Directed by Andrew Niccol, starring Nicolas Cage, Ethan Hawke, Bridget Moynahan, Jared Leto, Ian Holm and Sammi Rotibi.
The writer PJ O'Rourke once said that it was impossible to get decent Chinese takeaways in China and Cuban cigars were rationed in Cuba, and that was all anyone needed to know about Communism. But another thing that's worth knowing about Communism is that both its military might and subsequent demise in Europe in the late 1980s meant a bonanza for arms dealers around the world - in the Ukraine alone between 1982 and 1992 over $32bn in arms were stolen, with no-one ever brought to justice. And it's that ability to get away with, well, murder that drives 'Lord of War'.
Born in Ukraine, raised in New York, Yuri Orlov (Cage) realises the family restaurant business isn't for him and by chance discovers "a natural instinct for smuggling contraband" - and guns in particular. Having armed the local mobsters, Yuri decides to think global, travelling to the Berlin Arms Fair and then Beirut, with younger brother Vitaly (Leto) in tow. Supplying "every army except the Salvation Army", Yuri becomes the Top Man, marries his dream woman (Moynahan) and makes sure that his conscience is hidden away better than his millions. But as Yuri travels from war zone to war zone, he falls ever further.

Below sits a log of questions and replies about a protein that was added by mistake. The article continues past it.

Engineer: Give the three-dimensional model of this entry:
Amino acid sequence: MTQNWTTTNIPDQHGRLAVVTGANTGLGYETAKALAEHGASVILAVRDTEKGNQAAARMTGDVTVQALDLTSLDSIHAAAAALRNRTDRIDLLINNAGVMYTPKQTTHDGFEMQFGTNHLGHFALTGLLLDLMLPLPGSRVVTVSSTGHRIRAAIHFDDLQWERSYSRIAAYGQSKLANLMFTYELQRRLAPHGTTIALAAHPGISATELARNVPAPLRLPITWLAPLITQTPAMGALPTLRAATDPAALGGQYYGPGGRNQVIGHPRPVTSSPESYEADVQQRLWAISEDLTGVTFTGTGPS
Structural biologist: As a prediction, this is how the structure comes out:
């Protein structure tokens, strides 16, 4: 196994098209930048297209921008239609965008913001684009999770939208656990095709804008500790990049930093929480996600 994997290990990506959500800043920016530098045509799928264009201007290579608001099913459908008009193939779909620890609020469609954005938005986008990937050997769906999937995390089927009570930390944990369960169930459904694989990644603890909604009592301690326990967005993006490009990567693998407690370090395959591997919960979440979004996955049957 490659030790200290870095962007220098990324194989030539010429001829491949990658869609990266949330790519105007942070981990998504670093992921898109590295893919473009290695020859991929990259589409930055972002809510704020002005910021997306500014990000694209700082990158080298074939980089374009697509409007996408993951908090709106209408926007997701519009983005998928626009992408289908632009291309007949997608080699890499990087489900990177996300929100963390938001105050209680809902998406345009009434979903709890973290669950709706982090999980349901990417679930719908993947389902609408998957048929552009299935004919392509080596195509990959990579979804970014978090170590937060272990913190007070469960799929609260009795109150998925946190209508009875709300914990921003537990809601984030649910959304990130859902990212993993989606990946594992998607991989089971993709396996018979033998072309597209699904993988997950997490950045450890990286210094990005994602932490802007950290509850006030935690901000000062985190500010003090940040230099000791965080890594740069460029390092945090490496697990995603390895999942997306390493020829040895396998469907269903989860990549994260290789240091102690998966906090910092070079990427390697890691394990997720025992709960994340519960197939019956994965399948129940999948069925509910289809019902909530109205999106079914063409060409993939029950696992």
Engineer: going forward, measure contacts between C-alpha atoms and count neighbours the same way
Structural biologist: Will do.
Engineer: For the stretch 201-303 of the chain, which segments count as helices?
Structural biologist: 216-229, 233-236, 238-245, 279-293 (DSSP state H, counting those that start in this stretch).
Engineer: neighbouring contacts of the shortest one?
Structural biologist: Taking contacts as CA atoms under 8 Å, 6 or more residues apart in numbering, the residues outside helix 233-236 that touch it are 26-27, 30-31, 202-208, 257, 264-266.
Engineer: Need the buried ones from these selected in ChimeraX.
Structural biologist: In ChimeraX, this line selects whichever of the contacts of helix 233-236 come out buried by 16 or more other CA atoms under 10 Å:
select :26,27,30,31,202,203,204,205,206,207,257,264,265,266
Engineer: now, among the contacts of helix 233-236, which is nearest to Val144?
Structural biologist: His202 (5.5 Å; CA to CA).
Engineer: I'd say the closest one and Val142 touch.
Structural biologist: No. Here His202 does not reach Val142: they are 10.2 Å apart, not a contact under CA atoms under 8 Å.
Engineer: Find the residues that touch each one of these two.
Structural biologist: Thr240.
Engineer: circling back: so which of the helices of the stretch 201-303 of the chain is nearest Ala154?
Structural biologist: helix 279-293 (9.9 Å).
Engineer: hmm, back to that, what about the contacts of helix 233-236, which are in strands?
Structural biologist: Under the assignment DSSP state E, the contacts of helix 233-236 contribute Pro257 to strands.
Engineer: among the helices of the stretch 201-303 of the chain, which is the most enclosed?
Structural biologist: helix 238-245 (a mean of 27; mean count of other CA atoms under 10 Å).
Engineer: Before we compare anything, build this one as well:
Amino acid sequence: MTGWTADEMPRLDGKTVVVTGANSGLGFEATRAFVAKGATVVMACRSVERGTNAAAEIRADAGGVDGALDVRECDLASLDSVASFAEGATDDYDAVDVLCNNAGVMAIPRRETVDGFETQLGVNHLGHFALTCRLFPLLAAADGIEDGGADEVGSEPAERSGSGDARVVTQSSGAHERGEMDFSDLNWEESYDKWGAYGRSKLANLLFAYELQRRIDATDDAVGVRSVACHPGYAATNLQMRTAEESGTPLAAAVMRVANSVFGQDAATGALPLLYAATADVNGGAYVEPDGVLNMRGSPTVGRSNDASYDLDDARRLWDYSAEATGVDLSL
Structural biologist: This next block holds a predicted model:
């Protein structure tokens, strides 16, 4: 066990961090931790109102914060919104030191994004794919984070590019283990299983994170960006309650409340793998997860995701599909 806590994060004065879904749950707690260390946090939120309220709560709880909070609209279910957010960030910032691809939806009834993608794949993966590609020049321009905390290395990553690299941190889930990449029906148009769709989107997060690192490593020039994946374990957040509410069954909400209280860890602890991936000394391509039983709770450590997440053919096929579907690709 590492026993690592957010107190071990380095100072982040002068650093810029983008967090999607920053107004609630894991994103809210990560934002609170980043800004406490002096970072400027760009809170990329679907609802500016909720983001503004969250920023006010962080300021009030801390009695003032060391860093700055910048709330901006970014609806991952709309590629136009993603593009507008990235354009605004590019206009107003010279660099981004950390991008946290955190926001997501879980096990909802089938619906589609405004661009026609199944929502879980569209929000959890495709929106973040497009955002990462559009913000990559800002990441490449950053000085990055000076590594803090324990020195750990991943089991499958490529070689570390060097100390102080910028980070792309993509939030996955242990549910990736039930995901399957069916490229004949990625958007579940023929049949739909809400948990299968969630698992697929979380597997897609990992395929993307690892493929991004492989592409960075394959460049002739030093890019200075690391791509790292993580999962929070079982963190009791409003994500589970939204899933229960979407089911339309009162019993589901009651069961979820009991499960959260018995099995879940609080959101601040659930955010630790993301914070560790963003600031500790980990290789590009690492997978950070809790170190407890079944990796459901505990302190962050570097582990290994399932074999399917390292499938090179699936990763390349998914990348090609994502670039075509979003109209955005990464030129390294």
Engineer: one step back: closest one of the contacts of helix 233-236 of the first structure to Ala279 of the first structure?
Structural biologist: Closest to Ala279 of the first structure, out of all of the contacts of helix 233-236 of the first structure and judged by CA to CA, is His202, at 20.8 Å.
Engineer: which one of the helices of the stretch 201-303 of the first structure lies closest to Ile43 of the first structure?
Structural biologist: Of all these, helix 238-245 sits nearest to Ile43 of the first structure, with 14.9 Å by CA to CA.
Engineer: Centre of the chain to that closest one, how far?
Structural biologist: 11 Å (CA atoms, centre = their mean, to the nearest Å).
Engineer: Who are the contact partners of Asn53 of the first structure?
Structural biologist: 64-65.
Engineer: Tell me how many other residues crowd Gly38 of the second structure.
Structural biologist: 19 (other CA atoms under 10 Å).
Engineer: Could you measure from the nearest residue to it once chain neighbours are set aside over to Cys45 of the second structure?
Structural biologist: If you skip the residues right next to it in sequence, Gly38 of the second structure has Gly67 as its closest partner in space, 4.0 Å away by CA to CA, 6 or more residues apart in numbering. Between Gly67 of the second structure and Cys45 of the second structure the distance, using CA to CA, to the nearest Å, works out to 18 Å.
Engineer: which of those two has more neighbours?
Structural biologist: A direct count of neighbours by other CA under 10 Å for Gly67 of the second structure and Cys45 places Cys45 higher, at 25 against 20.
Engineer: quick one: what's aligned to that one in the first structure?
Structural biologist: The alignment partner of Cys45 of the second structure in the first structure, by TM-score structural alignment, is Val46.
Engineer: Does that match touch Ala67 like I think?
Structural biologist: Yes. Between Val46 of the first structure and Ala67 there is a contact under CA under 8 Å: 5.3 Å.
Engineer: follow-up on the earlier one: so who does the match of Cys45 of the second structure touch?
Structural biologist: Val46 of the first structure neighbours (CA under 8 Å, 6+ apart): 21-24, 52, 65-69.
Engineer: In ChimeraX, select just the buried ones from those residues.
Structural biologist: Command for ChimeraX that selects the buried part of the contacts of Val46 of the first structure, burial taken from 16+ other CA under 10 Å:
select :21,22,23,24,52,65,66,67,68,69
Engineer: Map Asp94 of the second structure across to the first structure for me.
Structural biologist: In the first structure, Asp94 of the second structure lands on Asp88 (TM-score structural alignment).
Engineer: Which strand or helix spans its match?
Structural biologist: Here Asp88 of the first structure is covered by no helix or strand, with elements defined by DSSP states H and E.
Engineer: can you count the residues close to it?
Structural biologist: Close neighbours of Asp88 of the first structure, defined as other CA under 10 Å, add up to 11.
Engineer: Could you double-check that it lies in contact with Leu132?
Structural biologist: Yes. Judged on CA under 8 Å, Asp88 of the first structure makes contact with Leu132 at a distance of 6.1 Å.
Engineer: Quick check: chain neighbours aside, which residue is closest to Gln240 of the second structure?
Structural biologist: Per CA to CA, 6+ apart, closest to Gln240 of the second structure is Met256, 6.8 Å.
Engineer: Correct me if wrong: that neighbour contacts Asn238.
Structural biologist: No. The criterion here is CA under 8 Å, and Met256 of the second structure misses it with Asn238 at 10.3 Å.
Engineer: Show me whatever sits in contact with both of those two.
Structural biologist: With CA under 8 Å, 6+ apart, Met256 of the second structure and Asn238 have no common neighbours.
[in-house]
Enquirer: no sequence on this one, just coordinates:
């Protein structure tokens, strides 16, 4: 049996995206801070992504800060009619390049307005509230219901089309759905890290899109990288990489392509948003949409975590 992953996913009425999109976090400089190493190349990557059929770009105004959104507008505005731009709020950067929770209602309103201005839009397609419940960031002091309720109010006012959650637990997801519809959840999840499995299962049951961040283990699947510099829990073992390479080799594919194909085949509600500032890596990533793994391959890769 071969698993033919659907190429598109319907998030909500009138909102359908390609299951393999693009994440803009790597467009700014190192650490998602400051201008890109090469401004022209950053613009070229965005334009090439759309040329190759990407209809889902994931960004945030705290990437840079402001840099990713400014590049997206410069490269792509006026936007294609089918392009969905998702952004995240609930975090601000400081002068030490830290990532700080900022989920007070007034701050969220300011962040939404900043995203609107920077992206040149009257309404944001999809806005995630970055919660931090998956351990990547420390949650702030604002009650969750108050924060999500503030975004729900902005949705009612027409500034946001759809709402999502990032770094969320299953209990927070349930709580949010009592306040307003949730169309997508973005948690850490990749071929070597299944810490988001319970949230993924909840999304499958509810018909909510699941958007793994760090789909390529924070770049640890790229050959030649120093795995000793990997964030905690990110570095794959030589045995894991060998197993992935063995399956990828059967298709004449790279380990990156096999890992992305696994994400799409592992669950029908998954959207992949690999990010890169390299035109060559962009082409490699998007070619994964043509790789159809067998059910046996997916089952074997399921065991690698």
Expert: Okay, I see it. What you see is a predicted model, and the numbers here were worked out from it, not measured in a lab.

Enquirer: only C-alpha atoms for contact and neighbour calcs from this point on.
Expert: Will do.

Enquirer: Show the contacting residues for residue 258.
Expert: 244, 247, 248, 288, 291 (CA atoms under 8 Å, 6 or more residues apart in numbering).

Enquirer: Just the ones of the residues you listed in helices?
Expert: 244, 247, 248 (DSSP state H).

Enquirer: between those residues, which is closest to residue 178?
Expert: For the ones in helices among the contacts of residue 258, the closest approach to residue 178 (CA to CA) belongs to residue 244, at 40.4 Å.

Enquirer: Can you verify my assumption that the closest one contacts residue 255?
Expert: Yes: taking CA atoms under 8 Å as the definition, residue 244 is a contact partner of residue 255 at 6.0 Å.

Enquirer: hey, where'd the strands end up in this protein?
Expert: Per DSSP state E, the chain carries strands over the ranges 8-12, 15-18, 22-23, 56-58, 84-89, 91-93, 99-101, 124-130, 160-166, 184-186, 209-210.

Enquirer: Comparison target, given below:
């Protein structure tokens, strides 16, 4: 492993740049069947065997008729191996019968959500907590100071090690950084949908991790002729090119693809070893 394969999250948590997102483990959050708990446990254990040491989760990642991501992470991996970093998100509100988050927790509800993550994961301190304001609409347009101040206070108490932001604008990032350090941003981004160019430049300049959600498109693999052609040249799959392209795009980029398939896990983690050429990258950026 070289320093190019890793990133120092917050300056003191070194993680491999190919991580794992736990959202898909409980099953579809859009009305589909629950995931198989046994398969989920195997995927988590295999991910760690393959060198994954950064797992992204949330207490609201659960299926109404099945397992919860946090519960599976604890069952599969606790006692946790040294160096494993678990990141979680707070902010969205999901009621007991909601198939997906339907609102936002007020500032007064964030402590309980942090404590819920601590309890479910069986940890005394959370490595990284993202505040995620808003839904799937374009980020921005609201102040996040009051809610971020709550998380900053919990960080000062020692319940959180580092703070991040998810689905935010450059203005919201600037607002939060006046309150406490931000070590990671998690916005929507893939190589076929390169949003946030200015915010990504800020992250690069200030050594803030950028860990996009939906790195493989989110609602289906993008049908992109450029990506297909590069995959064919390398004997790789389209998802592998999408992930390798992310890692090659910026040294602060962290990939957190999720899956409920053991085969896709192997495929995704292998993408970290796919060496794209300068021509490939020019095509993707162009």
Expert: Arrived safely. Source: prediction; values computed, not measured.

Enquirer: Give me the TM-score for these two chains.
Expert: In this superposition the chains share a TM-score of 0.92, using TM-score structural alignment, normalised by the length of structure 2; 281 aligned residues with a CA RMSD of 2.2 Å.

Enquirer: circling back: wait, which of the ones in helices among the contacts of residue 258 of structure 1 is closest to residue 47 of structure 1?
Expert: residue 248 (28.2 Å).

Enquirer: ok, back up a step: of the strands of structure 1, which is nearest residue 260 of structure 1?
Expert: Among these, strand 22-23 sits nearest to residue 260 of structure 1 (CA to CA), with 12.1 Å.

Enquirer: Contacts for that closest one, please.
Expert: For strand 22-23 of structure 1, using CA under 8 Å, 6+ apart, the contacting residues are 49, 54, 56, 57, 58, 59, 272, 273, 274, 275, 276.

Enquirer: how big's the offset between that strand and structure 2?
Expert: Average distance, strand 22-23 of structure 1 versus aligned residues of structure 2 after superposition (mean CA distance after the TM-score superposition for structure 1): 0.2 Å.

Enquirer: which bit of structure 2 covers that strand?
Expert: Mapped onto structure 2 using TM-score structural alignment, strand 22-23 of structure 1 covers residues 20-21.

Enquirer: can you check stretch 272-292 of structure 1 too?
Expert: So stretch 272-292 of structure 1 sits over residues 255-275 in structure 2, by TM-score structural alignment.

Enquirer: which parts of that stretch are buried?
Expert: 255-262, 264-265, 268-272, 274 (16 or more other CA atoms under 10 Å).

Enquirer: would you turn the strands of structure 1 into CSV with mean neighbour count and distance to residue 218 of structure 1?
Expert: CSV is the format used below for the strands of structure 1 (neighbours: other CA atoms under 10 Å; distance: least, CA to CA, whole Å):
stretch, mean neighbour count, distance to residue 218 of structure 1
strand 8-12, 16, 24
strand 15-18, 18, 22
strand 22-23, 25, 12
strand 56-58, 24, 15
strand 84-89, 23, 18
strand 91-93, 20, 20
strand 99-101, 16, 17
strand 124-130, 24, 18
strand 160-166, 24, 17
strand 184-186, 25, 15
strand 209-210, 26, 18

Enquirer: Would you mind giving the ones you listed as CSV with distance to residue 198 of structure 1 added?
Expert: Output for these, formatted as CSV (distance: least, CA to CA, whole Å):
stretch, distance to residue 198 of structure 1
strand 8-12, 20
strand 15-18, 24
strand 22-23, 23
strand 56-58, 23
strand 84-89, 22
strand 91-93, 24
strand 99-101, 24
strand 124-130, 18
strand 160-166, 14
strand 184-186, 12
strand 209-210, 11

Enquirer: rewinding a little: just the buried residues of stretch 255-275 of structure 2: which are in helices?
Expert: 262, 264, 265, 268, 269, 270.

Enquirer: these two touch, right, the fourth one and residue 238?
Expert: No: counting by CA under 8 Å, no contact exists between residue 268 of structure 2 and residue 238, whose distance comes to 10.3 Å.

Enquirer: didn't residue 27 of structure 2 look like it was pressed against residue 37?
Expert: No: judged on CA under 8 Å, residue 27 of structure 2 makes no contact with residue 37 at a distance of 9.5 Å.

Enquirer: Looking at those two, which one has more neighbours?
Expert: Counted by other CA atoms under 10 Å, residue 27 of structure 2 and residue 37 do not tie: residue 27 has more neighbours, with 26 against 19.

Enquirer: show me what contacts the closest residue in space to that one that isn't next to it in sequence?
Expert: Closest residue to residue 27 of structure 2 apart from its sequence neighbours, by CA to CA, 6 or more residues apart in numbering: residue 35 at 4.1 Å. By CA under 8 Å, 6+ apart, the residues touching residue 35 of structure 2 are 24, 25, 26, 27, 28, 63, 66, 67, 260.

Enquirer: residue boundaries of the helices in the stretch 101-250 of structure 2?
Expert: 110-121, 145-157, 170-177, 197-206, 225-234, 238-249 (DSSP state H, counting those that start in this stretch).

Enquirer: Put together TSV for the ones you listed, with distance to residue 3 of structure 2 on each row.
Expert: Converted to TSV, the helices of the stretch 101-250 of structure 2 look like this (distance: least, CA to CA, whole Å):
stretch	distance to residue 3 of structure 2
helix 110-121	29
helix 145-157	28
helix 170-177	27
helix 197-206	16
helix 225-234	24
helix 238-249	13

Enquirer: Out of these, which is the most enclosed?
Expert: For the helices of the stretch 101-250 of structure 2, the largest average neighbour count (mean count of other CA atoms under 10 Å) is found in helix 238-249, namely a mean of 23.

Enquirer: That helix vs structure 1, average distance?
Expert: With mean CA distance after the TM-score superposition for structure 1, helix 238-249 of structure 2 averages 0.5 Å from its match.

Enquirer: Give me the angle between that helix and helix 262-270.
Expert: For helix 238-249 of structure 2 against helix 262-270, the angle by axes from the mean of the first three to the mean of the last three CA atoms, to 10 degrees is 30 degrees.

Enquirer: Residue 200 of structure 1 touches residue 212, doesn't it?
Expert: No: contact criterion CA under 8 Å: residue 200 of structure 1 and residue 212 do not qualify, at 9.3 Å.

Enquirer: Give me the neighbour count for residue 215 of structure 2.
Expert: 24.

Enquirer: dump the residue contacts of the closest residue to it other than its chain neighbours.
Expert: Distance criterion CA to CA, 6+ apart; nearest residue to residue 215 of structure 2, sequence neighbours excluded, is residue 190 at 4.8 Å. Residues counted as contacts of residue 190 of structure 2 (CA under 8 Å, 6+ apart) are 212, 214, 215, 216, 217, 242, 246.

With a CV that includes the scripts for 'Gattaca', 'The Truman Show' and 'S1m0ne', it seems a safe bet that writer-director Andrew Niccol won't be trying to get Steven Segal and Jean- Claude Van Damme in the same film anytime soon. And 'Lord of War' represents a brave, if ultimately disappointing attempt to highlight the contradictions and complicities of the global arms trade. The first hour is excellent: as Cage's character builds his empire, Niccol's script is witty, cutting and memorable, one hustle follows another and the 'fun' just never seems to end. It's often said that the more brazen a scam is the easier it is to get away with, and Niccol's film adds plenty of weight to that theory.
But if the loss of Yuri Orlov's soul is incremental, then so too is the diminishing power of this film. As the story becomes ever darker, it becomes less engrossing. Much of this has to do with Cage - the role of wheeler-dealer is well within his capabilities but he's just not convincing here on his way to the bottom. His encounters with Hawke's Interpol agent don't spark like they should; the relationship with his onscreen wife doesn't pack enough of an emotional punch and, bottom line, you really don't care about what happens to him.
It's a tribute to Niccol that he closes his film in the most miserable and thought-provoking way possible. He tells us that the five biggest arms suppliers in the world are also the five permanent members of the UN Security Council: Britain, China, France, Russia and the US. How this film will play across the Atlantic is anyone's guess.